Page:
By Lupita Franco Peimbert.
As a long-time single person and having my siblings and relatives in another country, I’ve experienced all kinds of Thanksgiving gatherings –and all kinds of feelings.
This year, I spent Thanksgiving first at a sunrise ceremony, then at a casino in Redding. Last year and the years prior, as a single person I have had dinner by myself and loved it, had dinner by myself and disliked it, had volunteered at a homeless center helping with Thanksgiving dinner, had traveled on that day, had been a guest at someone’s home, had met with single women friends and had our Thanksgiving dinner at a restaurant in Stinson Beach, had spent most of the day at a church in San Francisco, had attended a Thanksgiving-Orphan dinner in Berkeley (for those who have not family in town), and more.
Although the Holidays are supposed to be about family and coziness and being with others, a good number of people in the United States will most likely spend the Holidays alone, by circumstance or choice. And that doesn’t have to be a sad, lonely circumstance or choice by default. Check this fact for some context: 35.4 million people lived alone in 2016, comprising 28.1% of the total population, according to the US Census. That doesn’t mean that they will be alone during the Holidays; what that tells us is that singlehood as well as being alone or in one’s own is part of our society, although still stigmatized at times. It is generally perceived but those who hold traditional values as not the best situation to be part of. Interesting enough, that stigma not only makes things worse but often contributes to a person feeling less than or inadequate.
Thanksgiving is a beautiful Holiday, and although many concur with those who feel that the origins of this celebration actually is a disgrace (to say the least) to native Americans, most people agree it is a wonderful opportunity to gather, share, and love. Personally, it is my favorite Holiday and I have fond memories of sweet Thanksgivings. But as a single person who lives alone, it has not been part of my life in the traditional sense for a long time.
Every year for the past 15+ years I have had no plans for Thanksgiving. I do struggle, wondering what I would do on that precious day and weekend. I usually end up making last-minute decisions, some years ending up alone at home just because I didn’t make a decision with just enough time to make arrangements.
I have experienced a wide array of feelings during Thanksgiving, from contentment to sadness to peace to happiness and to excitement, and when I have felt lonely my forceful and optimist tendencies usually won. I enjoy life in whatever form it appears or I change my attitude to see and feel what I chose to –usually in the positive end. And I remember something extremely important, something I have known for years and deeply experienced it: Loneliness is an emotion that can be felt whether you are alone or in the presence of others. It is a voice deep from your soul that calls for a deeper connection and a profound understanding of yourself at where you are in your life now –not who you were in the past, and sometimes the past truly means last week.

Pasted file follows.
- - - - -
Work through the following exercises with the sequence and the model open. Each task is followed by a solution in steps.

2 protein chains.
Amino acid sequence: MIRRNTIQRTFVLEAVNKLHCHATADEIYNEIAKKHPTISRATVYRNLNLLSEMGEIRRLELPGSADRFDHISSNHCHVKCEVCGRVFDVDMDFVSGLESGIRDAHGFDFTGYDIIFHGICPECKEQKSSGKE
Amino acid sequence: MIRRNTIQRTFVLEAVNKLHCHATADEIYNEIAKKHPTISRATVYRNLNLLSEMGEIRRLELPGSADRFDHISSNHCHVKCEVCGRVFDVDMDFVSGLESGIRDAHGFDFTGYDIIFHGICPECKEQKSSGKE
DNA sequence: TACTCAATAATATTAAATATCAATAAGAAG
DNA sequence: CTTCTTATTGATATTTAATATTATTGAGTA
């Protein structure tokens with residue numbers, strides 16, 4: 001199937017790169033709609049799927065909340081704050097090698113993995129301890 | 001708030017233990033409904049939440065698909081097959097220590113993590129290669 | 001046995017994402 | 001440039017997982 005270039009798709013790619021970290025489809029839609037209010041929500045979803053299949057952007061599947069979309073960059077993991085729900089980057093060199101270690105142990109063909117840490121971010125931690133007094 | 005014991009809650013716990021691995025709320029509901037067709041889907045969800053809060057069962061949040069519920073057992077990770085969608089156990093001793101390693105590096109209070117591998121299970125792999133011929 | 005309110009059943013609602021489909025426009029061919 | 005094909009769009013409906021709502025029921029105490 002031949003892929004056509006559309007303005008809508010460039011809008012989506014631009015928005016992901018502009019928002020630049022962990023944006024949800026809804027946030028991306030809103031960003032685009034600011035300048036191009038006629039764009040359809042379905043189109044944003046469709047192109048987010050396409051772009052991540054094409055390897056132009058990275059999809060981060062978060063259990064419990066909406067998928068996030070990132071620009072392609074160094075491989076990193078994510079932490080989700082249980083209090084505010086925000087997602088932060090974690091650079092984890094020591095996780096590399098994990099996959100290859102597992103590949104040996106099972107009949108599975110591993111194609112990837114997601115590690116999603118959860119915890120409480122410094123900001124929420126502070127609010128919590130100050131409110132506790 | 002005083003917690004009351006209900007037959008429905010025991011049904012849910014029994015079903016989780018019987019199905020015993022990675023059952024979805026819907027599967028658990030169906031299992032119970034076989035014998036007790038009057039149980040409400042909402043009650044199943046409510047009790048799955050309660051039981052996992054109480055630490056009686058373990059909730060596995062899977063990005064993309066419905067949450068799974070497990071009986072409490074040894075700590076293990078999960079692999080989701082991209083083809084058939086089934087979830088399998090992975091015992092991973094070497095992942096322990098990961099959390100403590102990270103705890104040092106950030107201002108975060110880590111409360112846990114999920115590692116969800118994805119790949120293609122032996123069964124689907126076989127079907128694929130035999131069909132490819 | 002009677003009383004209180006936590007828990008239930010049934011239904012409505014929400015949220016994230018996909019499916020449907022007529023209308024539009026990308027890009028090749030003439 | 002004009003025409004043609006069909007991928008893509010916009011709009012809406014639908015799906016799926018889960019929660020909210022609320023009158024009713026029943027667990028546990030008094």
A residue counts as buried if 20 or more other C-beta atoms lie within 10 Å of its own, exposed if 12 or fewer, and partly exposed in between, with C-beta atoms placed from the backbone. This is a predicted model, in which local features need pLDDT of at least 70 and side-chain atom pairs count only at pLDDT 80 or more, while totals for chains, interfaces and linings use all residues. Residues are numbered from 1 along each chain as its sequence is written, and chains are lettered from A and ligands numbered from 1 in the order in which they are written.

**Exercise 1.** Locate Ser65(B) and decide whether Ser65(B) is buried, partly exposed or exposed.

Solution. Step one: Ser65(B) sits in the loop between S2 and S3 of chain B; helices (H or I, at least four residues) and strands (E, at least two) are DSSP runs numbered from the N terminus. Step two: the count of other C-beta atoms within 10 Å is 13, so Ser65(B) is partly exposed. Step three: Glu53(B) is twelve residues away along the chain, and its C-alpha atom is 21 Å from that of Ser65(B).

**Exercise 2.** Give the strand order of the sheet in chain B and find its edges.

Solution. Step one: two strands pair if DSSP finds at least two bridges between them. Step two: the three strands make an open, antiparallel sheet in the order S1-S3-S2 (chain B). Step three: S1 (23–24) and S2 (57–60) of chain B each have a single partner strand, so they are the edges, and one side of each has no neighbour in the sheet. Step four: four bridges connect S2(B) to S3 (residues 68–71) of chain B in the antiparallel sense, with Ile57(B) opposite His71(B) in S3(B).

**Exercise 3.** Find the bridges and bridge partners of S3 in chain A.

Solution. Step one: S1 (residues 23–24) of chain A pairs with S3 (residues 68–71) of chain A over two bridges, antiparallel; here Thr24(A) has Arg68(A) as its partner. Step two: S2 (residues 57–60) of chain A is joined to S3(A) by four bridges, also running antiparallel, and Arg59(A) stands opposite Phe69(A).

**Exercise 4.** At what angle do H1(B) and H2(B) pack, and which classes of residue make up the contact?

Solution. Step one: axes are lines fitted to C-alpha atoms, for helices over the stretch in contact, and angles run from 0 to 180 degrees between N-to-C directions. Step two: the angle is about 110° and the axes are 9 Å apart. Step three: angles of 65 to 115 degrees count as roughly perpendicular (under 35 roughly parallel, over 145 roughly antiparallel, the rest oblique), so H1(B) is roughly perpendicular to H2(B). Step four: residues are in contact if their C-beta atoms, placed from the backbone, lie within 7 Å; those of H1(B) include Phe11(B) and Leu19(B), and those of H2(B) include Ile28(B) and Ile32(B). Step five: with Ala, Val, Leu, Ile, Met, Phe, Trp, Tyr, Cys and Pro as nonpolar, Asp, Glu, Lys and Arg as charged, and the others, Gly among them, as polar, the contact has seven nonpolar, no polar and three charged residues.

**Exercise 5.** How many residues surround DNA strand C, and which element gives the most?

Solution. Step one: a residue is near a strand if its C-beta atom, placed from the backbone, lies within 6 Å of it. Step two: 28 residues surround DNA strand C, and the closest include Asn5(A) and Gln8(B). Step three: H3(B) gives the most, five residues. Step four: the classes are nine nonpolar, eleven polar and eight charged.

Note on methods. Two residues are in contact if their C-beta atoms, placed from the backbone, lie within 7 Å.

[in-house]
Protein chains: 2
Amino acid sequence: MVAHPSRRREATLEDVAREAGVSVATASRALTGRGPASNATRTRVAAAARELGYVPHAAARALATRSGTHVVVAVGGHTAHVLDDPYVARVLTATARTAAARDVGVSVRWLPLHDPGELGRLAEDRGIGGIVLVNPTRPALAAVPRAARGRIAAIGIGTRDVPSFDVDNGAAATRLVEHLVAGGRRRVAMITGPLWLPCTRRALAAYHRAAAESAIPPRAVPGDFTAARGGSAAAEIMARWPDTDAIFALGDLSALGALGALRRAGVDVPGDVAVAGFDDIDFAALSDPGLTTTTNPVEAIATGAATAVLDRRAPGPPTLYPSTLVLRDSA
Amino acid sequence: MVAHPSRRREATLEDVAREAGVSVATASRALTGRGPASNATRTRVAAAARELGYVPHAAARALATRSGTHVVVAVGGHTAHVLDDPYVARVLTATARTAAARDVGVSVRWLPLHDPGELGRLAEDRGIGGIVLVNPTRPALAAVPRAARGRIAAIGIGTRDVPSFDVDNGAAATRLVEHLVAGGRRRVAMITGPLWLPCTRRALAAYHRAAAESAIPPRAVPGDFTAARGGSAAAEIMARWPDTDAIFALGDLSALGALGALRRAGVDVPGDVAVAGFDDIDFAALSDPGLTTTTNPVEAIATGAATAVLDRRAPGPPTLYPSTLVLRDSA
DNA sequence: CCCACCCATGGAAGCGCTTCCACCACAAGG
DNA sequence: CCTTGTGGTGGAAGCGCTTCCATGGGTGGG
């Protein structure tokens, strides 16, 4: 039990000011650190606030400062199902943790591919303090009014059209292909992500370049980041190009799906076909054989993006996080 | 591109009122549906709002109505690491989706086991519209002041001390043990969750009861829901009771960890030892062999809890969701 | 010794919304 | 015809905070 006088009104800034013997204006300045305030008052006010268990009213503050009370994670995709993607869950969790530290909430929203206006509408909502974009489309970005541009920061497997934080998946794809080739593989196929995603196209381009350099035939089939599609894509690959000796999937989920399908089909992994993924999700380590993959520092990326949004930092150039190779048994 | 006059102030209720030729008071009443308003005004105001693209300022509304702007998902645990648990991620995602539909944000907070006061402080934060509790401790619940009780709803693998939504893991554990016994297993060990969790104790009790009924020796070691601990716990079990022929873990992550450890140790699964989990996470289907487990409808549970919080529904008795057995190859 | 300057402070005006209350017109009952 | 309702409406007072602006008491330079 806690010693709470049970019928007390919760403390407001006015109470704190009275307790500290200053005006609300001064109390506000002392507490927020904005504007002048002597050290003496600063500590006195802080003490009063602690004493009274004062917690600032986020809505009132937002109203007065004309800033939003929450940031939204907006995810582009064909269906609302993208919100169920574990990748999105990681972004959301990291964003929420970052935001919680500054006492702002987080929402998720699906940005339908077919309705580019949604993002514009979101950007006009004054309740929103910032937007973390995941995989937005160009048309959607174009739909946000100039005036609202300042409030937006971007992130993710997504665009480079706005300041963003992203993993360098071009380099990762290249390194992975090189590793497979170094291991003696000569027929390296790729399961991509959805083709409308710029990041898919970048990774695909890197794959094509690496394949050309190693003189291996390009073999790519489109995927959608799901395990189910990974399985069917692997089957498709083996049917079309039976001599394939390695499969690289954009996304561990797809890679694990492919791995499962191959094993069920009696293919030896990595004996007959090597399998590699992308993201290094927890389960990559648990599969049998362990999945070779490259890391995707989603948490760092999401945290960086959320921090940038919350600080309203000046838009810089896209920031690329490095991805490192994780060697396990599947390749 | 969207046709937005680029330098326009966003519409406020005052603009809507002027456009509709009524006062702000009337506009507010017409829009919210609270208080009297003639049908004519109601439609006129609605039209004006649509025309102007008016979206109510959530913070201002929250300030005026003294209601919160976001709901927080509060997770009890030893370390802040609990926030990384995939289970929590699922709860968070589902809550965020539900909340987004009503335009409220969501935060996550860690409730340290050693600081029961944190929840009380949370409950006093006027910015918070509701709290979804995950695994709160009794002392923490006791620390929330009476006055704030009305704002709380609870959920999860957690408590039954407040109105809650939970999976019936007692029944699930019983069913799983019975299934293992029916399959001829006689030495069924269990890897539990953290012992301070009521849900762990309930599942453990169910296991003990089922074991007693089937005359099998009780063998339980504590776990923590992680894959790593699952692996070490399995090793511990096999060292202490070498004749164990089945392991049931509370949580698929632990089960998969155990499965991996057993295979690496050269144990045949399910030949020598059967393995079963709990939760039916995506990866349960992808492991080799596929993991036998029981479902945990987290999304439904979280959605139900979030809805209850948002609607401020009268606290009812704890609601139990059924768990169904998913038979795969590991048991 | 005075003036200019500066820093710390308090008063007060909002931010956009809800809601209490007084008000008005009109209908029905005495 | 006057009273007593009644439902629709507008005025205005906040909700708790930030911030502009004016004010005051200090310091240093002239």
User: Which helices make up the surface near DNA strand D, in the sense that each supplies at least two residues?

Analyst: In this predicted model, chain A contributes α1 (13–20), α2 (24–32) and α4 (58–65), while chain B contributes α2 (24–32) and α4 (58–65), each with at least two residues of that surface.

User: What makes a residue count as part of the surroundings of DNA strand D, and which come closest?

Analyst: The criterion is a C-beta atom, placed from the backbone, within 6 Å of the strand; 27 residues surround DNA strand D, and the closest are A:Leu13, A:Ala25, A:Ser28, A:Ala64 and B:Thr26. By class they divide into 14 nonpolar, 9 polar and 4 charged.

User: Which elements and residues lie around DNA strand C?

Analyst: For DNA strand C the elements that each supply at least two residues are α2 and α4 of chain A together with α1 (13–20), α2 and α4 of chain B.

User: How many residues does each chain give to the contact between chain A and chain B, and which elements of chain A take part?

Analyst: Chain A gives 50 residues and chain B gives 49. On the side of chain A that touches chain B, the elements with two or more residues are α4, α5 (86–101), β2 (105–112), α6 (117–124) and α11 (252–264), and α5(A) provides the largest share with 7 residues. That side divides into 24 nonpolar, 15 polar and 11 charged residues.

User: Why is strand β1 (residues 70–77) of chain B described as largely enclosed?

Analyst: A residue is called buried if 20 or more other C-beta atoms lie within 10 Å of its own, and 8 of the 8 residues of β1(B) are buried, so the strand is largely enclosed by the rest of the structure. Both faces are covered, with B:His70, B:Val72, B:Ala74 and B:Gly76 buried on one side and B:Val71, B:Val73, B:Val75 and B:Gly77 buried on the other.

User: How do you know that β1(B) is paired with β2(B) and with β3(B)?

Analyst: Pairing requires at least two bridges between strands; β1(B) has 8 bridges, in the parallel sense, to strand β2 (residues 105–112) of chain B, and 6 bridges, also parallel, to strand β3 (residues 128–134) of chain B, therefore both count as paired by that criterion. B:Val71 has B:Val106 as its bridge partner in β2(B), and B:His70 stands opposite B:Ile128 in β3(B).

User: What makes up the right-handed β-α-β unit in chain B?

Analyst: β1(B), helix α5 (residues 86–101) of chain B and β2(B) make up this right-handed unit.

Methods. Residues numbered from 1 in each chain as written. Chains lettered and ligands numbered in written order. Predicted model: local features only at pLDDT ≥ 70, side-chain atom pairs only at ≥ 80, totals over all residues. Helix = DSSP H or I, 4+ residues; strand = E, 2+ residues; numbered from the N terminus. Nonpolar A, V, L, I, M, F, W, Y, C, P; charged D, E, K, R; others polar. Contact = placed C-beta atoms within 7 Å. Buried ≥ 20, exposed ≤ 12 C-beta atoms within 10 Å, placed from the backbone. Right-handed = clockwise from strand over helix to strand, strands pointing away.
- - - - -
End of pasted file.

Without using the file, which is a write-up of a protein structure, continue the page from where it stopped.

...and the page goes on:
I know I am not the only one who feels this way. Single, coupled or married, alone or in the company of loved ones, the important question is how connected –or disconnected we are from others, and perhaps more importantly from ourselves, our true voices and deep aims, our important desires, our unfulfilled dreams or forgotten purposes, the battles we won, our personal victories, and the energetic link to the source of life –whether you call it God, his son, the holy spirit or the universe.
It is time we stop feeling sorry or stigmatizing those who are alone during the Holidays. And for those of us who are alone this time of the year, it is time to own it and to stop justifying or explaining our civil status. I do not worry when I feel lonely, I worry when I feel disconnected. And when that happens, the first and foremost person I seek to connect or reconnect with is myself, for I cannot be with others if I cannot truly be with me, in my own skin.